Cheryl Modzelewski is Recreational Specialist for the US Army Corps of Engineers of Lake Shelbyville and coordinator of International Migratory Bird Day which will take place this year on May 12.

Modzelewski said, “In anticipation of those coming events, we will be introducing you to a different bird each month. We hope that you will enjoy the articles, and learn an interesting fact or two. To help you learn more about the birds in our area, we are offering one free ‘Birds of Illinois’ book by Stan Tekiela to a lucky person who successfully answers the question at the end of the article.”

The question for the January “Words About Birds” concerned the Dark-Eyed Junco. “The Dark-Eyed Junco appears in Central Illinois only in the winter months. Because of this, the Junco is often referred to as a___?

The answer is: “Early settlers called this delightful little winter bird “snowbird” because its arrival in late fall meant that winter was not far behind. In 1830, scientists adopted the name “junco” derived from the Latin “juncus,” a seed, to avoid confusion with the Snow Bunting species.

The winning entry was submitted by Betty Biehler of Shelbyville.

White-throated Sparrow

The White-throated Sparrow, along with the Dark-eyed Junco, is a winter visitor to central Illinois. The White-throat can be found in groups of as many as thirty on the edges of fields, in hedgerows and thickets, usually near water. You will most likely see them foraging on the ground under your back yard bird feeder. Like the junco, they use both feet at the same time to kick back leaf litter to uncover food. The American Kestrel or Sparrow Hawk is a predator of the White-throated Sparrow.

Among the twenty or so species of sparrows found in Illinois, the White-throated Sparrow can be positively identified and distinguished from the White-crowned Sparrow by a white throat patch and a yellow patch on both sides of the bird’s face between the eye and the upper bill.

Unique among birds, the White-throated Sparrow comes in two color morphs or forms: The white-crowned, with black and white stripes on its head and a gray chest; and the tan-crowned, with light tan and dark brown head stripes and a dull brown or tan chest. The color variation is neither age nor sex related. Both the male and female of the white-crowned morph tend to be dominating in behavior and select mates that are tan-crowned. White-crowned males and their mates usually nest in forest edge areas while tan-crowned males nest in denser forests. Both sexes of the tan-crowned morph have been observed providing more food and care for the young than their white-crowned mates.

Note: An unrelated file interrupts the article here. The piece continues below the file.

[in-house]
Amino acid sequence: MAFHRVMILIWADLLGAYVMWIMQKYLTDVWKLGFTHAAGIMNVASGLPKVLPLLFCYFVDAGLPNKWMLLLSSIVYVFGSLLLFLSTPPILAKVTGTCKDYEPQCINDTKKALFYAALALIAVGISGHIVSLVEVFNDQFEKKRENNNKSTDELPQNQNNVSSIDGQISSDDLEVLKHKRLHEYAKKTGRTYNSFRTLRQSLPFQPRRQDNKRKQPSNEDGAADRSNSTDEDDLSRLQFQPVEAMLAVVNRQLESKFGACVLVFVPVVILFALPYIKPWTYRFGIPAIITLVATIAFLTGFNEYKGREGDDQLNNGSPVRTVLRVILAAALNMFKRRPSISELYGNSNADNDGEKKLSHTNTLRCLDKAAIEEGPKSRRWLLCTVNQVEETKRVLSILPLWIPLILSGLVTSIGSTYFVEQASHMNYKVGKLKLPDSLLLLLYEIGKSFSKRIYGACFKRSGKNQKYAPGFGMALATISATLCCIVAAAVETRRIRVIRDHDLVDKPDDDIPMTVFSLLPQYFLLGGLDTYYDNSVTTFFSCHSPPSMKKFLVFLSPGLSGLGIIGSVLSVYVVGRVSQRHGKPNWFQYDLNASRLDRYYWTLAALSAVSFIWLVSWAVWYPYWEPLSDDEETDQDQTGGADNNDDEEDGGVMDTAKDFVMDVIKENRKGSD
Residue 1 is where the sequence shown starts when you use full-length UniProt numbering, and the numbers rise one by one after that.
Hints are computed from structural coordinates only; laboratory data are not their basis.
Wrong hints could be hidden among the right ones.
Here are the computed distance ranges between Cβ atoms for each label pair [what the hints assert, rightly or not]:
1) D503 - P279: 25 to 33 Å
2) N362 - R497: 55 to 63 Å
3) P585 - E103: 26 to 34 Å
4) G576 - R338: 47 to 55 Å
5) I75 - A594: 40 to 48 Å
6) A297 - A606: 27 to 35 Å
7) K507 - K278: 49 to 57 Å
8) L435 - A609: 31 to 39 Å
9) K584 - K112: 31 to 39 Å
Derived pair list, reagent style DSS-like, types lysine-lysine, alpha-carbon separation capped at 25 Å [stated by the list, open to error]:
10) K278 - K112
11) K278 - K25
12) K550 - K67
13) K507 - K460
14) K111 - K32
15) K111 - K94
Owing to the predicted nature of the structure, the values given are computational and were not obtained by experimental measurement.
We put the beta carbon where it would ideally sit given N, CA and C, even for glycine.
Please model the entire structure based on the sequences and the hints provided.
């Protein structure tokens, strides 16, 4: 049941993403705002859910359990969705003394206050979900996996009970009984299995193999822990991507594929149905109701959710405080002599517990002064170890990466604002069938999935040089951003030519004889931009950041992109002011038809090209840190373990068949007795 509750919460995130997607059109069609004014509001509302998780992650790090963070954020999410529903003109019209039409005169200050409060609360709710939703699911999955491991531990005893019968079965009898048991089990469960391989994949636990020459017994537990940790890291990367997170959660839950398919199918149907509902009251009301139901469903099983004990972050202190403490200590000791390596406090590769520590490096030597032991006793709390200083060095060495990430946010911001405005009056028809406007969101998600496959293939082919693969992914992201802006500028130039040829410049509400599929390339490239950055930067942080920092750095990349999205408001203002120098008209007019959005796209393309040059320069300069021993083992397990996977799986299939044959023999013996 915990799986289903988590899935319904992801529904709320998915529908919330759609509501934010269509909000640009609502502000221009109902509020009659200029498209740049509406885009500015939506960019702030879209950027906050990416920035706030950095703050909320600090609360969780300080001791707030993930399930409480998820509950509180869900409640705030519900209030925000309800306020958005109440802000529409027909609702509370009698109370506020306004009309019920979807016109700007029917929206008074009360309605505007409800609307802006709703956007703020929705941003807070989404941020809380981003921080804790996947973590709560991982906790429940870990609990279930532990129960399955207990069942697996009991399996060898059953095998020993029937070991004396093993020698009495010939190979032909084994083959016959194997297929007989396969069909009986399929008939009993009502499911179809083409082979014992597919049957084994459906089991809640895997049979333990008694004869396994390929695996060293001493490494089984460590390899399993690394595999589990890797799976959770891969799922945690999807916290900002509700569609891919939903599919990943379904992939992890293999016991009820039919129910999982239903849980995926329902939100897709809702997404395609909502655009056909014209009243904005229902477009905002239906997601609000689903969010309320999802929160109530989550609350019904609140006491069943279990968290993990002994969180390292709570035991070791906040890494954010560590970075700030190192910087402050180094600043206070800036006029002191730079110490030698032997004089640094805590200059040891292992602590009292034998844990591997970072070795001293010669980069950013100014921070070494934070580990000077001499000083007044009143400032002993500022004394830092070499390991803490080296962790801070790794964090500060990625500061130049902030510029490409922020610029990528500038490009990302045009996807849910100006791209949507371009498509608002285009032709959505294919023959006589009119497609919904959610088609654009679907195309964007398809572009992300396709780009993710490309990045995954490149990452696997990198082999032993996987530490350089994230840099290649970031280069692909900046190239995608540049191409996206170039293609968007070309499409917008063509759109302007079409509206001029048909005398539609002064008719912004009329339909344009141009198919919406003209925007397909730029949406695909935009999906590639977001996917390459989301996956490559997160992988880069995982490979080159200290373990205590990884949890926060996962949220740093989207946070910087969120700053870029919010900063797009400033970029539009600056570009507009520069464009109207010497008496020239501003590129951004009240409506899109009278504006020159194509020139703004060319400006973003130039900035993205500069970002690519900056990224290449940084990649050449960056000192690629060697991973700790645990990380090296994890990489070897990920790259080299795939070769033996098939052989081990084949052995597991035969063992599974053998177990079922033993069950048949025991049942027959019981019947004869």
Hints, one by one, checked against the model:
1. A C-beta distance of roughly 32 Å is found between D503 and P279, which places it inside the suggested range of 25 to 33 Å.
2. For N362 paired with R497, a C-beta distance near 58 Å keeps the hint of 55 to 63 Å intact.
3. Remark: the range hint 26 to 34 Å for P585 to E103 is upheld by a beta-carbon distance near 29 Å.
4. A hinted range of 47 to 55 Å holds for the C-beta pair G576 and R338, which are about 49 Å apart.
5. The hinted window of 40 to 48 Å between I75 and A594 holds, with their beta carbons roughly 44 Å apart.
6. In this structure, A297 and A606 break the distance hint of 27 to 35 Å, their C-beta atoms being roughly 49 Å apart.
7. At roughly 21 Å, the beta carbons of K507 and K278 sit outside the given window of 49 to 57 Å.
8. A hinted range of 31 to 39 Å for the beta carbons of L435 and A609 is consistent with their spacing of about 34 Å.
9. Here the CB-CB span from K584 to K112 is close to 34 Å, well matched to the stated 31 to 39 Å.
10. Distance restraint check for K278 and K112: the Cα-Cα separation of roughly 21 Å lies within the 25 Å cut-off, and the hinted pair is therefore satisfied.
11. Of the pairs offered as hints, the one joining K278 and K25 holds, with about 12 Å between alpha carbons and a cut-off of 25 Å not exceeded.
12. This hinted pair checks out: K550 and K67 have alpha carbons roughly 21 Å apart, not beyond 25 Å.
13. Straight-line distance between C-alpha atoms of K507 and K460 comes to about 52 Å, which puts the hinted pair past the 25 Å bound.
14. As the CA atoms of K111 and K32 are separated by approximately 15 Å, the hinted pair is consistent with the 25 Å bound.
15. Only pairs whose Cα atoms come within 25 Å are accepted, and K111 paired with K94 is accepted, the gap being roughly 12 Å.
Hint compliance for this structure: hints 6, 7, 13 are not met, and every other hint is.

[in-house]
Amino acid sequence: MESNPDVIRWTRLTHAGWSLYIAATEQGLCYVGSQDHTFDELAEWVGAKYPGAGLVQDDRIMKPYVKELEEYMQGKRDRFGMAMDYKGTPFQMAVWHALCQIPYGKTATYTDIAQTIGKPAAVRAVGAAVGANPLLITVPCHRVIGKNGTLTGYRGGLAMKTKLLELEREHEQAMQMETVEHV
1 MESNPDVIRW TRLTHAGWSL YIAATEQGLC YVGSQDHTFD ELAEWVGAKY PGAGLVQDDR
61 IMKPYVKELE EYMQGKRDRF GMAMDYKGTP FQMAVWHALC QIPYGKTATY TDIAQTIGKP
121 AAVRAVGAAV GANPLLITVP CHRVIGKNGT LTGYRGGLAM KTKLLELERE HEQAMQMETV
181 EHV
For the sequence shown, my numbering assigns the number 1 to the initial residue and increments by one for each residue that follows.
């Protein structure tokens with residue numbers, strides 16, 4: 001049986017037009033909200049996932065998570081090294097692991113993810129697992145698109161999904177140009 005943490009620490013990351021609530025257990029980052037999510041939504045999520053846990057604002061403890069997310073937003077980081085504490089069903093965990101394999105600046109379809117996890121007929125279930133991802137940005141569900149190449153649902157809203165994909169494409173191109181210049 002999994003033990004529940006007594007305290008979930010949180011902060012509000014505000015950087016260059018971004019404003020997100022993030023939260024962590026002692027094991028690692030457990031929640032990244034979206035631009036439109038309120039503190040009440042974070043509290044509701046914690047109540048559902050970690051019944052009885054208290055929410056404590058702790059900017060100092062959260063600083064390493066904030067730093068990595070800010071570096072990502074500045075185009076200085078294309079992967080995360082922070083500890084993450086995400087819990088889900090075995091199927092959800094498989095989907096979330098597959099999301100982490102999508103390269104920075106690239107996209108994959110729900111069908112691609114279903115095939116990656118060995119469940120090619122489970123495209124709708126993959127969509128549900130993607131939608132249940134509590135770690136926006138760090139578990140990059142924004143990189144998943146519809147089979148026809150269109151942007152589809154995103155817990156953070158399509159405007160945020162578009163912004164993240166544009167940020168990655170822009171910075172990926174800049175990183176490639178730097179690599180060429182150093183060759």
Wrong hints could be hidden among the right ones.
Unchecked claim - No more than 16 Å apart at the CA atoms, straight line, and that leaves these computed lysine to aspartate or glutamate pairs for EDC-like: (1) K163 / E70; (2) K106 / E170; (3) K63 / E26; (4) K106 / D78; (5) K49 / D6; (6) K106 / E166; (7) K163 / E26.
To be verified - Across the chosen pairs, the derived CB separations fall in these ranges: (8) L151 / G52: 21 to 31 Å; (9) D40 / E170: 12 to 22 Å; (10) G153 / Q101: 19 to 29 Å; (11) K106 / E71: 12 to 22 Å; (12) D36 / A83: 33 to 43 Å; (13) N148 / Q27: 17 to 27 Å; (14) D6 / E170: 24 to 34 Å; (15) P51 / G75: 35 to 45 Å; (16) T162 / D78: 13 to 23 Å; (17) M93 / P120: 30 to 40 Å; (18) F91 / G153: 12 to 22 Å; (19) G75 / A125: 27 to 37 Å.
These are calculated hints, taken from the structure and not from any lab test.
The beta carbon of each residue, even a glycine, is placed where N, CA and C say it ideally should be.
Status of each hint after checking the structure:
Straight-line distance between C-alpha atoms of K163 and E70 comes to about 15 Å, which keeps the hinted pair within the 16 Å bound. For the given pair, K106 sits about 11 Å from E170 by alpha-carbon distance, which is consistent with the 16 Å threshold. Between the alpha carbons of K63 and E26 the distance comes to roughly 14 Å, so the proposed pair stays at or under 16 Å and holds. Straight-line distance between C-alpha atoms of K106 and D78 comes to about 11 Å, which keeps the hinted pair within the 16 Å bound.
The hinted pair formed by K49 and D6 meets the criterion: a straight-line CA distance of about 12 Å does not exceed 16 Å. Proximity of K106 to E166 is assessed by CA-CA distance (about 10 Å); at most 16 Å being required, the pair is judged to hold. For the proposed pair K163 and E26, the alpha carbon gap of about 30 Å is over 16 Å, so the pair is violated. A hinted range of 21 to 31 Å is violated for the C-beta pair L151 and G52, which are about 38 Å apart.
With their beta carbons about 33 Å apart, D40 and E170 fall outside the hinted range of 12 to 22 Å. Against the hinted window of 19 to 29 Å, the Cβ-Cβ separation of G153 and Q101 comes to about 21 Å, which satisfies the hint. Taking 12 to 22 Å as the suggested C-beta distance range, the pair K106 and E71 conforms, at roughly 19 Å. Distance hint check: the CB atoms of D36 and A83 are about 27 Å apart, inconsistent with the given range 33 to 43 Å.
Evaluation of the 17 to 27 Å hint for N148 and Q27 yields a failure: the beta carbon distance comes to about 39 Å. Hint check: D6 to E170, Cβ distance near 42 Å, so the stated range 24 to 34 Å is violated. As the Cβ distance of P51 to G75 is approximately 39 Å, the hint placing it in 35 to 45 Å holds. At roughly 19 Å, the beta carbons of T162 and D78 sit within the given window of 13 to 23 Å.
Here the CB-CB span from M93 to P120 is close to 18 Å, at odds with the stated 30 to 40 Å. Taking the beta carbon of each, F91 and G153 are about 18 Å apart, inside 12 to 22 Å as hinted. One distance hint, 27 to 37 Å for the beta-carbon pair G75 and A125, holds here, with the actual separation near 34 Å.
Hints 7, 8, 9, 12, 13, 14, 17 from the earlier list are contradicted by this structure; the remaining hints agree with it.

Question of the month: What is the technical name for the area on each side of the bird’s face between the eyes and the upper bill? This is the yellow patch on the White-throated Sparrow.

Please mail your answer and contact information to: Cheryl Modzelewski, US Army Corps of Engineers, RR# 4 Box 128 B, Shelbyville, IL 62565. The winner is selected from a random drawing.

Also, Modzelewski wanted to remind bird-lovers that Corps-sponsored Bird Walks will begin April 17th at Lake Shelbyville.

Modzelewski commented, “Each Tuesday morning at 8 a.m. during the spring and fall bird migration, bird walks will be lead by local and area bird experts. Those wishing to participate should meet at the Lake Shelbyville Visitor’s Center at 8 a.m. Refreshments will be served after the walk. Bird Walks are free to the public.”

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